Poems: Reflection / The White Deer

white deer

(Note: I’ve been invited to present a series of eight sessions on poetry, I’m calling The Ecstatic Exchange Seminars on Poetry: Intuitions & Enthusiasms. As a foundational text, I’m using this song from the Diwan of Shaykh ibn al-Habib (raheemullah), which has struck me as being, as well as an all-encompassing directive toward sublimest gnosis, a wonderful Ars Poetica for creative contemplation and heart’s action, as well as writing devotional poetry, or poetry of any kind… )


by Shaykh Muhammad ibn al-Habib
(may Allah be pleased with him)

Reflect upon the beauty of His artistry on land and sea
And journey through God’s attributes both obvious and hidden

The greatest signs of God’s limitless perfections are found
Within our souls and on the horizons spread across the world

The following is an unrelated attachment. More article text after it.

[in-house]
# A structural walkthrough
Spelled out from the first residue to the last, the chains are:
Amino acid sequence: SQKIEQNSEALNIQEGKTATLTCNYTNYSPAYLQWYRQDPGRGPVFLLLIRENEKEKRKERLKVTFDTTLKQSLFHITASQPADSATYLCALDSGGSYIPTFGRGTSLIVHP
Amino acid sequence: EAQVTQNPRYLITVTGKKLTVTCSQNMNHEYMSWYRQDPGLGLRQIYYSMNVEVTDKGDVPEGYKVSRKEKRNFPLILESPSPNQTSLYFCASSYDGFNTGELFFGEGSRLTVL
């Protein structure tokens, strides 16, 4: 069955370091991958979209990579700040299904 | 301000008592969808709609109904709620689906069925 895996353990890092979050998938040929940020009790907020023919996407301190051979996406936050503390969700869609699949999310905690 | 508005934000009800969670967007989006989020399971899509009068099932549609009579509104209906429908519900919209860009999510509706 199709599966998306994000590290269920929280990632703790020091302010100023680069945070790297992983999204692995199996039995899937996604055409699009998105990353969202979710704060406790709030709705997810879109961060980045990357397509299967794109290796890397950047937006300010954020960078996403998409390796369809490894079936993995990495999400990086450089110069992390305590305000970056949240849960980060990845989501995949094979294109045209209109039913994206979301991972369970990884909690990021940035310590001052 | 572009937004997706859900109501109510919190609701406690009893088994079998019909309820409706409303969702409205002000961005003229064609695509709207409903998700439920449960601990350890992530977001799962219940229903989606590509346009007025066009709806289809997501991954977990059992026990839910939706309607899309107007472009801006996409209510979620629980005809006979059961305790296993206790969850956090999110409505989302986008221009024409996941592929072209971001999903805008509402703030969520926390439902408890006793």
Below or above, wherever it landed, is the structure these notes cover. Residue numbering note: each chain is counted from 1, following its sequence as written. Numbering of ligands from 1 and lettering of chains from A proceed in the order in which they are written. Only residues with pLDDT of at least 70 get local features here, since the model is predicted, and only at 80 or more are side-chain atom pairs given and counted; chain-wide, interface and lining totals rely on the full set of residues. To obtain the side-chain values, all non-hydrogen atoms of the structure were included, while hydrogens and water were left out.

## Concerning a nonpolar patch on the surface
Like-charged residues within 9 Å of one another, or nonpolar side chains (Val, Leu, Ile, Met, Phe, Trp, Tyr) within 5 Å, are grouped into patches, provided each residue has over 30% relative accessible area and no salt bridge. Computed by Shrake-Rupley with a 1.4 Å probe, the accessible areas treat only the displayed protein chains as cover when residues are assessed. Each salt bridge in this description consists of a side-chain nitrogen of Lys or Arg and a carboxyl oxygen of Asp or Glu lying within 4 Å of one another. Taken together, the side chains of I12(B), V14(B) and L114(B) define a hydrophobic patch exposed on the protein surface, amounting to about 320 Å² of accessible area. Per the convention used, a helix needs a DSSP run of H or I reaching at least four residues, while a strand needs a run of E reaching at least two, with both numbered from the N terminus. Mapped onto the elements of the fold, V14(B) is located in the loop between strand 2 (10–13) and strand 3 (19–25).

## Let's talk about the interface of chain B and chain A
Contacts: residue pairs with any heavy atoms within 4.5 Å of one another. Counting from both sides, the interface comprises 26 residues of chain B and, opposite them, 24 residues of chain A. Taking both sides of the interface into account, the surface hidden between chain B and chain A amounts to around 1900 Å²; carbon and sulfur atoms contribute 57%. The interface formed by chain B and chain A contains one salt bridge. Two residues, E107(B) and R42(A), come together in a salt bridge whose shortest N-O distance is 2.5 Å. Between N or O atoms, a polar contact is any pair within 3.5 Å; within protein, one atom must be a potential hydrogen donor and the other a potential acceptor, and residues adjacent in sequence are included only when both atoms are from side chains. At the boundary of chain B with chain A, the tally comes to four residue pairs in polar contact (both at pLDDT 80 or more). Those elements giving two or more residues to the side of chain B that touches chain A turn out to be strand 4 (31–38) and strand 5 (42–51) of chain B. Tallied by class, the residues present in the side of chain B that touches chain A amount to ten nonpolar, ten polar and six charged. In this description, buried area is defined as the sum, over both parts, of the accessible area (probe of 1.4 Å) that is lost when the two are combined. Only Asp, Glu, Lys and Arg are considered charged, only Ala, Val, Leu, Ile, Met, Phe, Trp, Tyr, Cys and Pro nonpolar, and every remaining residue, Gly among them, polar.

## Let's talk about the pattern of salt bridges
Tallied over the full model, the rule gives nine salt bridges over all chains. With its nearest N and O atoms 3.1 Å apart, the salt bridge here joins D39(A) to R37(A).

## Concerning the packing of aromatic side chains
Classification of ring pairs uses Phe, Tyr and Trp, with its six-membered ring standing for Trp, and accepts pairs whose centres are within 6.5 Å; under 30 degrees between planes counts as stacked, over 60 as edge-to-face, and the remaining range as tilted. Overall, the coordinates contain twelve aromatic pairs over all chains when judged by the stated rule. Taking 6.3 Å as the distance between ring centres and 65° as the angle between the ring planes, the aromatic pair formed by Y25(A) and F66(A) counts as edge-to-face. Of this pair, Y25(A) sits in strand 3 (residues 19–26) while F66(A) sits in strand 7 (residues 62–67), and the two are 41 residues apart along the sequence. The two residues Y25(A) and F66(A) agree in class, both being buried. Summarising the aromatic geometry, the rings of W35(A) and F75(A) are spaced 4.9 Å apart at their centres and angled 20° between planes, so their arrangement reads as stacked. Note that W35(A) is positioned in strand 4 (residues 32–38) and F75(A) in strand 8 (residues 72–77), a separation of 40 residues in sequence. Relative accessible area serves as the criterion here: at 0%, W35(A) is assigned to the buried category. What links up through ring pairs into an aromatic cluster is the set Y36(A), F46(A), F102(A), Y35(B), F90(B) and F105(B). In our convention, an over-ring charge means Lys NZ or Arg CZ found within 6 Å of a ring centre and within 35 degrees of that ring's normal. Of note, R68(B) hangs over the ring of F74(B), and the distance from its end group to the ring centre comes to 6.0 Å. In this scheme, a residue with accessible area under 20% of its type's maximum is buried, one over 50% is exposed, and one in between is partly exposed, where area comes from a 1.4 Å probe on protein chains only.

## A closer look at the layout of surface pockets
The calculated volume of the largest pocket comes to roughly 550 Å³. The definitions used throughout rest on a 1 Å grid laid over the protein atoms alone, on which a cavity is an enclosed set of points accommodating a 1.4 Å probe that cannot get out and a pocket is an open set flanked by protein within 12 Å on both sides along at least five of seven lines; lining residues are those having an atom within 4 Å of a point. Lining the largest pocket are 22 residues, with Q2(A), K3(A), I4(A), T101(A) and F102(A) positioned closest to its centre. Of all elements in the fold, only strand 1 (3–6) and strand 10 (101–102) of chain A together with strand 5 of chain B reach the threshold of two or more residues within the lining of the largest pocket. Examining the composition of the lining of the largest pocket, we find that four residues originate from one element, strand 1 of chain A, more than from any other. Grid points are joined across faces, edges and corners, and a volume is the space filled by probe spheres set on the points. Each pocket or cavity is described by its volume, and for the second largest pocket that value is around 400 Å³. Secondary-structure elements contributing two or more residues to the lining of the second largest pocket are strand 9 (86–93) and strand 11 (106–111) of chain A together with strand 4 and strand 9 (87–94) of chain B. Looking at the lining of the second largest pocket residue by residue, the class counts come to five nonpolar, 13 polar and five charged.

Contemplate all physical forms and behold their structural beauties
In exquisite order like pearls threaded on a string

Journey through the mysteries of human languages and speech
That give voice to what’s hidden deep within our hearts

Contemplate the mysteries of the body’s flexible limbs
And how our hearts command them so often and so easily

As well as the mystery of how our hearts may turn obediently
But then fall back into creeping darkness and transgression

Journey through the earth with all its varieties of plant life
And note how vast are its flatlands and how many its steep ascents

Fathom the mysteries of all the oceans and their fishes
And their numberless waves held back by an unbreachable barrier

Note the mysteries of the winds and how they bring